I probably should have just posted that spiel to my blog immediately, because over the past few months I’ve gotten quite a few people inquiring where I went or if I was okay, and I felt guilty each time that there were humans who were wondering about me and I’d left y’all hanging. I’m sorry about that. I’m especially sorry to the sweet people who have messaged me via email or Instagram or text message who I simply haven’t gotten back to – I read every single message and tucked them all into a special pocket of my heart where my sadness and embarrassment about the PCT live, and they make some of the pain and shame feel a lot better. They are an excellent balm. I haven’t not responded because I’m not grateful for the support or because I don’t care – I care so much! All I can say is that blogging is really emotional work, and even simply communicating with other humans is really emotional work, especially if you’re me, which is to say, supremely emotional! I have been overwhelmed and I remain overwhelmed. I still don’t really know how to say all the things I want to say, but I will eventually. Again – thank you for being patient. And thank you for supporting me.

The super cool news is that I did indeed cook up a pretty fucking fantastic Plan B, just as I said I would in that Instagram caption, and I can’t wait to tell y’all about it. It will involve more adventures, more blogging, and more time spent with my delightful pink sleeping bag and, inevitably, all my feelings. It will also involve my sweet girlfriend, a large airplane, and tons of cheese and wine. I posted about this, too, on Instagram, and here’s what I wrote the night we bought our plane tickets!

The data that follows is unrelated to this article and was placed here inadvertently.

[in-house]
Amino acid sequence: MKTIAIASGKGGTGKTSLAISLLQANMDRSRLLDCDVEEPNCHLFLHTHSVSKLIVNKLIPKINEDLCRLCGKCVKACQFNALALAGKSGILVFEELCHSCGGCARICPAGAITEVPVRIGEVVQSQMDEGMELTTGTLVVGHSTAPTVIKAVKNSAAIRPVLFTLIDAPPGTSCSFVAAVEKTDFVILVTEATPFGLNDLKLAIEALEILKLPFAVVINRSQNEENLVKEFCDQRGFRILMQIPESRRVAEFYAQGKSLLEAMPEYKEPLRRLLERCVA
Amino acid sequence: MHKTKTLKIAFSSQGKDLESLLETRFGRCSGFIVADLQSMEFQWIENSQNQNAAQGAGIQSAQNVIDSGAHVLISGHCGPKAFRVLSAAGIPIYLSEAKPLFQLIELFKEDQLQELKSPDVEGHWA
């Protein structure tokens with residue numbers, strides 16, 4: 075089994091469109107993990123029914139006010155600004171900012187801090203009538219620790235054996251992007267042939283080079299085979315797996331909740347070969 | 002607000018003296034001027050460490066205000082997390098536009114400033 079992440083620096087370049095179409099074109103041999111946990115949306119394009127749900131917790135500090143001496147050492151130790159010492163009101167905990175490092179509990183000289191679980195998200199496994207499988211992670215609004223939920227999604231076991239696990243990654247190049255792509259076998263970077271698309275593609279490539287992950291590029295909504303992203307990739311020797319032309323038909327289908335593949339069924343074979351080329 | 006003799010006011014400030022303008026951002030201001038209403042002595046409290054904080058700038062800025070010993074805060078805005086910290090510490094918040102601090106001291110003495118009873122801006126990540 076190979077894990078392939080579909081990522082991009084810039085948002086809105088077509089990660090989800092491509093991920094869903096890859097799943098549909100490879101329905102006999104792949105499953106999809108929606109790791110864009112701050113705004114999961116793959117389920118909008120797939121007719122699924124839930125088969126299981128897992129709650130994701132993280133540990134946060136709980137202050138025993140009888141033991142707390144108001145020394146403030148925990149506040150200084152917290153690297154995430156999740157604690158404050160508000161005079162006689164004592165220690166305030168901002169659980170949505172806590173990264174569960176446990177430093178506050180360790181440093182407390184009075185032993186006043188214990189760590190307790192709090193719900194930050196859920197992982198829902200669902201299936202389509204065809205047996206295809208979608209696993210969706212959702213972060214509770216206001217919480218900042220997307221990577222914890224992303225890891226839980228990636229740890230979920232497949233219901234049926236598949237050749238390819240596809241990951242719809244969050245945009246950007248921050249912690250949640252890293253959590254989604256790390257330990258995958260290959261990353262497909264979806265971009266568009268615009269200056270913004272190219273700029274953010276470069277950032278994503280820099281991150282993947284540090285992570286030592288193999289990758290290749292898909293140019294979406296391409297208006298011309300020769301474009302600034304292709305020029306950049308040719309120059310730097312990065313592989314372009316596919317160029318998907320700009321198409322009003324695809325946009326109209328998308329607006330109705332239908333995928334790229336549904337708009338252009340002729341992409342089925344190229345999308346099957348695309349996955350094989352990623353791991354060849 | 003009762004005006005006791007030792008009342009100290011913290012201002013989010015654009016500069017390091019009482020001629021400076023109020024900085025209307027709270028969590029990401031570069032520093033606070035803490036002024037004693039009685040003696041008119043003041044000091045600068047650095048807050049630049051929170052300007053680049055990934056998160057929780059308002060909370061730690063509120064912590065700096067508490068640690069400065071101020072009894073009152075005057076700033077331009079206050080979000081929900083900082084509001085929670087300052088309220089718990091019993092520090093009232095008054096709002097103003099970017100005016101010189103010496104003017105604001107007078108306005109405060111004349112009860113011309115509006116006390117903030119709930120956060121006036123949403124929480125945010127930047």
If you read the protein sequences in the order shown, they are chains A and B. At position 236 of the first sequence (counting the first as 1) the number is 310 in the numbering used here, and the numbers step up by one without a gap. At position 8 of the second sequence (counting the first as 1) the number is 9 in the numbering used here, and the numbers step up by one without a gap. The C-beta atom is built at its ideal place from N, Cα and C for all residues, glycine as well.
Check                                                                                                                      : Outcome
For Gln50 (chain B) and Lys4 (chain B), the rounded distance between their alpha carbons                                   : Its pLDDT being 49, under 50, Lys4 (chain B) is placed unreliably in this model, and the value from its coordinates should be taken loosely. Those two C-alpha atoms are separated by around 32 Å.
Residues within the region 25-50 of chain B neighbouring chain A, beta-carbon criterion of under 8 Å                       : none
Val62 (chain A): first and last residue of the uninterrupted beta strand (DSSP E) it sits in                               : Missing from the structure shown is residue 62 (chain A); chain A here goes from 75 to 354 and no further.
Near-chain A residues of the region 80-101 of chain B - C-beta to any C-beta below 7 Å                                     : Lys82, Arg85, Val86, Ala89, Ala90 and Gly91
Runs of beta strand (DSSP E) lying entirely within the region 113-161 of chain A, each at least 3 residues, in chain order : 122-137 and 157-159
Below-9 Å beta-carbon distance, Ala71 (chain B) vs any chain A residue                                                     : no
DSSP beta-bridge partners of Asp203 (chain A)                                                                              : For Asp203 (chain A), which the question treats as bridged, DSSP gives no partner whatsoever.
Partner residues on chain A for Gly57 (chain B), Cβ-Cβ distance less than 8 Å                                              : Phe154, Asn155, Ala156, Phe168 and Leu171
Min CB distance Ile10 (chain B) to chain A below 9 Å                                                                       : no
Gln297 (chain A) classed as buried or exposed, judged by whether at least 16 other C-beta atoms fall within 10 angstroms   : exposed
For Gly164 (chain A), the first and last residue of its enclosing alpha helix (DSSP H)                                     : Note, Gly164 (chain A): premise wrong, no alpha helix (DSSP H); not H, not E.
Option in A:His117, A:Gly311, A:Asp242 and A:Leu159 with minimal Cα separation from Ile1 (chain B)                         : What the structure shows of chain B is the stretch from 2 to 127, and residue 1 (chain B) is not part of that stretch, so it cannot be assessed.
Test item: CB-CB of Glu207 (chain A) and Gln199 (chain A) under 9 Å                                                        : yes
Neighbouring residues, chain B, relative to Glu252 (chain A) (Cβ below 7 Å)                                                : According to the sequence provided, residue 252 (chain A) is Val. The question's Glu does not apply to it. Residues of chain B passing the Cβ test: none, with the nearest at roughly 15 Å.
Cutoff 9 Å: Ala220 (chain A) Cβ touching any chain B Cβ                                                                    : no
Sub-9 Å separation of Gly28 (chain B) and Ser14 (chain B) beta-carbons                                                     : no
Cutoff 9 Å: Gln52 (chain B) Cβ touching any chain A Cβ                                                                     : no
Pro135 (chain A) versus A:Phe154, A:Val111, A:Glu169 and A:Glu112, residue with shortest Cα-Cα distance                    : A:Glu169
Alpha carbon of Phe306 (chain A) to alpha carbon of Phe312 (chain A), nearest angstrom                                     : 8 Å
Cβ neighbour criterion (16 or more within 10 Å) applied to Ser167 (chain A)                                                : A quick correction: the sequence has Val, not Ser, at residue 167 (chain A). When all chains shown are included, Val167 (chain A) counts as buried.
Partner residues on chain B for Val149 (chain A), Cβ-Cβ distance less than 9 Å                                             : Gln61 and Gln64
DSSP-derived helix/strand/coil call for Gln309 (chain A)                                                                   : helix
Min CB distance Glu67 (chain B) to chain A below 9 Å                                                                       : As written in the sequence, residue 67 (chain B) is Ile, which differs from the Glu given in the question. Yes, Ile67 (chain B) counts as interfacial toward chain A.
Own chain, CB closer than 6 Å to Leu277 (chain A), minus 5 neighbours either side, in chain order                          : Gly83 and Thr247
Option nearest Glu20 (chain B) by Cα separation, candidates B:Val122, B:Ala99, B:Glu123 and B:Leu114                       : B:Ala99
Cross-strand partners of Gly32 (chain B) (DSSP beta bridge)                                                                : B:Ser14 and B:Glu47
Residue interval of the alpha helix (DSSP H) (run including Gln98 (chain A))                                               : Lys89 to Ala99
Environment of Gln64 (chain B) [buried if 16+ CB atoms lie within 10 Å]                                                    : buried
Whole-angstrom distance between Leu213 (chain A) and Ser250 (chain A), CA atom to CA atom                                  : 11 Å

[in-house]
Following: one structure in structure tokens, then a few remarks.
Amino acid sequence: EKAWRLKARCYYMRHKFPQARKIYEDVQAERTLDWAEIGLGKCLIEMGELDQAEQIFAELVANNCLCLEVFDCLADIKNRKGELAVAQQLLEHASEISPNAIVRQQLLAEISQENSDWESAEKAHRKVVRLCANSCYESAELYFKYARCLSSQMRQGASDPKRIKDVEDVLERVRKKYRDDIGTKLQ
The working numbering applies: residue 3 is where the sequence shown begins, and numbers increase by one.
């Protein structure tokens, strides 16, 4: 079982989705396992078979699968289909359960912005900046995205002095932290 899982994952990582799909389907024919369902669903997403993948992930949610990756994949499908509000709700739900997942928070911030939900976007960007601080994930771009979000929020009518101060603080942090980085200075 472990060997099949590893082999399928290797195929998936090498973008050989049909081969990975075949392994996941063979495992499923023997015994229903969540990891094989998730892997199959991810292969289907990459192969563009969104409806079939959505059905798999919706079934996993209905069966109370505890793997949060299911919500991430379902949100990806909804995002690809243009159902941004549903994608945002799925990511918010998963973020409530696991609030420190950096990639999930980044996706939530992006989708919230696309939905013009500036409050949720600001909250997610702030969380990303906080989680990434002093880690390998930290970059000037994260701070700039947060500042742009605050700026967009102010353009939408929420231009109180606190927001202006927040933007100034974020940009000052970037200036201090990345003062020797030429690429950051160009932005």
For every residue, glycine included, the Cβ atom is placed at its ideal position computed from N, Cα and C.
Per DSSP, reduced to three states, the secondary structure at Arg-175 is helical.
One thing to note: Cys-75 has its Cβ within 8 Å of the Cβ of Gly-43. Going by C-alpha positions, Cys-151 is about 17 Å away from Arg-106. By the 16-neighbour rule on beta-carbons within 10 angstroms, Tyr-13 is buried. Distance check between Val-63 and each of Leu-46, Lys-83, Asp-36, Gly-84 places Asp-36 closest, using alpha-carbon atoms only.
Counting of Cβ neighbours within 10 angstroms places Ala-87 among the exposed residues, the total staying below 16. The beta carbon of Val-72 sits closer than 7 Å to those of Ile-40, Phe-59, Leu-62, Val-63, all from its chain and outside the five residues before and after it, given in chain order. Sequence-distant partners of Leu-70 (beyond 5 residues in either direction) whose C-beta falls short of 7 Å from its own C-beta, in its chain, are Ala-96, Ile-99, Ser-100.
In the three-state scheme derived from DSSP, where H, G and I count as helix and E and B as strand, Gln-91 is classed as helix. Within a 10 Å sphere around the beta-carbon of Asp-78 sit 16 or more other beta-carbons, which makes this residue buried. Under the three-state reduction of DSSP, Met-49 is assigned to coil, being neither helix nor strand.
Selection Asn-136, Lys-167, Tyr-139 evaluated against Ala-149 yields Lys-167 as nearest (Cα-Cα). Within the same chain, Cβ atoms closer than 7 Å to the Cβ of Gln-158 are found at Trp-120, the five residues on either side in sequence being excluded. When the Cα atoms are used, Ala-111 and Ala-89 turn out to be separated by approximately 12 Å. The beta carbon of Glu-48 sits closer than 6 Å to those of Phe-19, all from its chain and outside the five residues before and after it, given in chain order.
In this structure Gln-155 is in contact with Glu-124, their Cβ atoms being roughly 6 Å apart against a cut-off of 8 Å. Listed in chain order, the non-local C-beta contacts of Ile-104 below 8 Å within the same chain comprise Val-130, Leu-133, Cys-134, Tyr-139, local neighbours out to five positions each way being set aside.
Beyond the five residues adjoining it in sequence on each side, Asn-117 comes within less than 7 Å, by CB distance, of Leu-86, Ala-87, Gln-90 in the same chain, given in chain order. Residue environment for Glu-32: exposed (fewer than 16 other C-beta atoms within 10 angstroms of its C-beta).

i took this photo on April 20, on my first day hiking the Pacific Crest Trail. i wanted to hike the whole thing – all 2,650 miles. i only made it 454 miles before a combination of things – physical injuries, mental exhaustion, loneliness, snow, logistics – sent me home. i’ve been pretty sad since getting off the trail, and i keep telling myself to write about it because i know it will help me sort things out in my brain – writing always does that for me – but so far i haven’t. i will. but right now i just wanted to share some exciting news: i have another hike planned this year! last night @alleyhector and i bought tickets to Europe, and on September 1 we will begin walking the Camino de Santiago, a 550 mile route in Spain. it’s very very different from the PCT, and i think that’s a good thing for me right now. anyway this all feels so bizarre because i put so much time and energy into researching every single aspect of the PCT and getting ready for the Camino is going to be a whirlwind in comparison, but i am really excited and i think this is the right choice, in as much as anything ever is the “right” choice! my goals for the next couple of months include publishing my blog posts for days 20-40 of my PCT blog, getting my gear together for the Camino, and getting my butt back onto some local trails because i have been straight up avoiding hiking since getting home. i plan to blog daily on the Camino, so if you enjoyed my PCT posts perhaps you will be excited to follow along on this upcoming journey. thanks as always for all the support and kindness y’all sent my way while i was on the PCT – i am so, so grateful for all of it – and exxxtra thanks for humoring me when i write these ultra long instagram captions! love you happy monday xoxo!